Plant ID forum: Houseplant

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Name: Nico
Northern Midwest, US (Zone 3b)
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nicodiangel_no
Aug 10, 2016 7:15 AM CST
This houseplant we have nearly died, but was brought back and now has two offshoots... well, one now. A squirrel or something knocked the other off.
Anyway, any ideas? Do you think the offshoot that broke off will survive?
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:^DD
Name: Lin
Florida (Zone 9b)
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plantladylin
Aug 10, 2016 8:54 AM CST
It reminds me of Cordyline. Ti Plant (Cordyline fruticosa) The off-shoot should survive but I've never rooted one in water, only soil so I can't offer advice. Hopefully others will be along soon to offer advice and tips.
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Name: Tara
NE, Florida (Zone 9a)
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terrafirma
Aug 10, 2016 9:11 AM CST
I agree with Lin. I too think it looks like a Cordyline.
In your first pic. it appears that there may be some leaf submerged in the water? If that is the case, I'd remove that leaf. And remember to change the water every couple of days to keep it clean. It does look like a couple of new roots may already be started? I've never tried this myself, but I don't know why it wouldn't work. Good luck with it! Keep us posted! Thumbs up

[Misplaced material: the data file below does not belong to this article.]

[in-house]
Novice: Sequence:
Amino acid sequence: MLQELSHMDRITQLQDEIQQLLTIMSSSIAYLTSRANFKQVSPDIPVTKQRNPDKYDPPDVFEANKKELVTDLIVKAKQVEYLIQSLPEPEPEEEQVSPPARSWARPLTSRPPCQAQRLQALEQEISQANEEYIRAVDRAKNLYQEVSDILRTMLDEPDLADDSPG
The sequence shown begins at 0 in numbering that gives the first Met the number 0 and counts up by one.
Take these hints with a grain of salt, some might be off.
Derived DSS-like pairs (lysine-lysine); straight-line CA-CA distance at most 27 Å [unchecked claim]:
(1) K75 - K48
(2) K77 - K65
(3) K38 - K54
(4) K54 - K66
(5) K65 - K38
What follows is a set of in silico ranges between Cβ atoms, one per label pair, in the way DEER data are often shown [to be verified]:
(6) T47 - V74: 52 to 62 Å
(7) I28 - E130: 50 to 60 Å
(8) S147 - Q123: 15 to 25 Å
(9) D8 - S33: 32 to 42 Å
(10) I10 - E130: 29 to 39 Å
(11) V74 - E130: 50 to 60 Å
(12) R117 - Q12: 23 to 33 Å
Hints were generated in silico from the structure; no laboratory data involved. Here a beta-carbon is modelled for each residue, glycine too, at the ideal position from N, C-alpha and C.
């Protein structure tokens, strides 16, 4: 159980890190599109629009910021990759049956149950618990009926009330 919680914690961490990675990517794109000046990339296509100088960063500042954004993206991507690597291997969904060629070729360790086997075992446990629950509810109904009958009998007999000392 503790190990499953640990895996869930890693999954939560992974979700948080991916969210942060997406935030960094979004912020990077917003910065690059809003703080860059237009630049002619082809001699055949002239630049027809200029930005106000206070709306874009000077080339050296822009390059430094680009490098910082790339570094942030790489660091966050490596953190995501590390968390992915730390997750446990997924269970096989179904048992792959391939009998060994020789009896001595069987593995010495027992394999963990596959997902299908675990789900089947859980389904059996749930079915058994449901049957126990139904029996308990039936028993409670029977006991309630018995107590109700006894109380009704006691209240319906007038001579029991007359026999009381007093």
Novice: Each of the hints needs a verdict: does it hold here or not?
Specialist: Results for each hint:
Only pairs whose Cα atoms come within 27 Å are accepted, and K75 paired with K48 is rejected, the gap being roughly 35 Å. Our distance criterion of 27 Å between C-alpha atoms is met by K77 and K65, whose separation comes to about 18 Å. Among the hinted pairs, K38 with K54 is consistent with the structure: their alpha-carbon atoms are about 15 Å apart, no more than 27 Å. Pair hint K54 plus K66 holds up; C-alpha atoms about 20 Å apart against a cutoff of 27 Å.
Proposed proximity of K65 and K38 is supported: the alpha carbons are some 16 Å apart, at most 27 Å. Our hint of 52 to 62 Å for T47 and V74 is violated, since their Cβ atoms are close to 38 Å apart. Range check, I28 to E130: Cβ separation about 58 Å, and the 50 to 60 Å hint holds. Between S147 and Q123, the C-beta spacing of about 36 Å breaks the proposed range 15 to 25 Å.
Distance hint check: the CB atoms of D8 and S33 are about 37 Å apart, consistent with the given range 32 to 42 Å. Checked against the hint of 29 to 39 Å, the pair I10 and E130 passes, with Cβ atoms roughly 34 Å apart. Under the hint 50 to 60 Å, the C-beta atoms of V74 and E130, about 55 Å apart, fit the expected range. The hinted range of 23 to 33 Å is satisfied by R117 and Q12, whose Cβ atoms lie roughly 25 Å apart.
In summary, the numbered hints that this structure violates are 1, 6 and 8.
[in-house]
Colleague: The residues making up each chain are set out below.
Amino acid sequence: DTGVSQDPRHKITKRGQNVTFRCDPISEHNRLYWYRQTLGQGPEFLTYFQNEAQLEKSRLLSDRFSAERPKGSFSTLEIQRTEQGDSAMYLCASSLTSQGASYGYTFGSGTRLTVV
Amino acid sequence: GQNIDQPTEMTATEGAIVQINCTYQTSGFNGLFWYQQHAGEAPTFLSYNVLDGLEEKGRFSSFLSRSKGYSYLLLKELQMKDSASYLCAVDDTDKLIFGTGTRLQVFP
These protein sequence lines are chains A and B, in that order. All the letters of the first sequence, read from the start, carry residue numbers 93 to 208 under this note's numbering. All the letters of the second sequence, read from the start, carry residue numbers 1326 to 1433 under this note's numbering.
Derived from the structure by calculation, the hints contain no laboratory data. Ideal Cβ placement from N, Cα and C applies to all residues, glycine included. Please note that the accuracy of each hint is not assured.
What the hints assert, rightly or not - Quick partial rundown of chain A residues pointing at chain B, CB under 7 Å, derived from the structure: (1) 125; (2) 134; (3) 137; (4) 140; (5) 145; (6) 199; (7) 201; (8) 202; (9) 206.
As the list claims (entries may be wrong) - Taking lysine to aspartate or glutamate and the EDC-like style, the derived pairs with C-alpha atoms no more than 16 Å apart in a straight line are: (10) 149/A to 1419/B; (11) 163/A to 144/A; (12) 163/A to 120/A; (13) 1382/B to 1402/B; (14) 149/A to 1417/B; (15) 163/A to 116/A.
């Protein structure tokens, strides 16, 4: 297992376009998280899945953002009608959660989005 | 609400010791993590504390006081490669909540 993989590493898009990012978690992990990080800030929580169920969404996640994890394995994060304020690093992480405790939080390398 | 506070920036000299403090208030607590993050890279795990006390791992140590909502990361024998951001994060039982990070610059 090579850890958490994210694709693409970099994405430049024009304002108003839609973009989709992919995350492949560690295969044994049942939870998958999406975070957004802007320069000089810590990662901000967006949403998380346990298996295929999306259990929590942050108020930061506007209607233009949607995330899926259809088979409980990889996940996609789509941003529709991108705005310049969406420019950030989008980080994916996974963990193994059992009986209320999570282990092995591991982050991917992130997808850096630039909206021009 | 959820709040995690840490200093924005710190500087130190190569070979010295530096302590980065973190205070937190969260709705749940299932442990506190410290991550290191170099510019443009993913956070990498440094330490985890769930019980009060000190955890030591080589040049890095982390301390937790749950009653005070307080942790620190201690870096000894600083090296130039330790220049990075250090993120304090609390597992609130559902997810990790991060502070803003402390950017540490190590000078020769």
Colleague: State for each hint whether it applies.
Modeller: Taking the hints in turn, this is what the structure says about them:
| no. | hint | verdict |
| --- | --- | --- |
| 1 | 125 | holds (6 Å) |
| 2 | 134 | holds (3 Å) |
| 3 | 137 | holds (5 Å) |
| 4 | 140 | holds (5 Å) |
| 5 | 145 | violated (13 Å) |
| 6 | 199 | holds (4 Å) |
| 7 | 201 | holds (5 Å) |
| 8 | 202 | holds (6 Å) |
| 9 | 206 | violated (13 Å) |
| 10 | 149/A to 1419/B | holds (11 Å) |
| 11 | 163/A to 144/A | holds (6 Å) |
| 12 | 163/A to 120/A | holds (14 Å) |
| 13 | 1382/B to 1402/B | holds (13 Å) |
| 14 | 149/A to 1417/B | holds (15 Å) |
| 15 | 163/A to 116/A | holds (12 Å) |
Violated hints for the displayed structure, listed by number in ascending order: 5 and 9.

Name: Nico
Northern Midwest, US (Zone 3b)
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nicodiangel_no
Aug 10, 2016 12:39 PM CST
That looks pretty close!
And my mom always roots hers in water- that was her suggestion! It usually works pretty well for her, but I haven't tried it much myself. I'll make sure to remove the leaf though.
Thanks, guys!
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Name: Tiffany
Opp, AL (Zone 8b)
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purpleinopp
Aug 10, 2016 5:16 PM CST
I wouldn't remove anything but would put it in a pot, submerged to where the Y is. Or you could just use a lot less water, so it's not above the Y.
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Name: Nico
Northern Midwest, US (Zone 3b)
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nicodiangel_no
Aug 11, 2016 5:40 PM CST

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...So I talked to my family about it, and my stepdad suggested putting it in a potato... Rolling on the floor laughing Okay?
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Name: Tiffany
Opp, AL (Zone 8b)
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purpleinopp
Aug 12, 2016 4:52 AM CST
I have zero confidence in that.
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Name: Nico
Northern Midwest, US (Zone 3b)
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nicodiangel_no
Aug 12, 2016 6:03 AM CST
purpleinopp said:I have zero confidence in that.


Rolling on the floor laughing :iagree:
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[Last edited by nicodiangel_no - Aug 12, 2016 6:03 AM (+)]
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Name: Dnd
SE Michigan (Zone 6a)
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DogsNDaylilies
Aug 12, 2016 6:20 AM CST
nicodiangel_no said:
Thumb of 2016-08-11/nicodiangel_no/8c1e92

...So I talked to my family about it, and my stepdad suggested putting it in a potato... Rolling on the floor laughing Okay?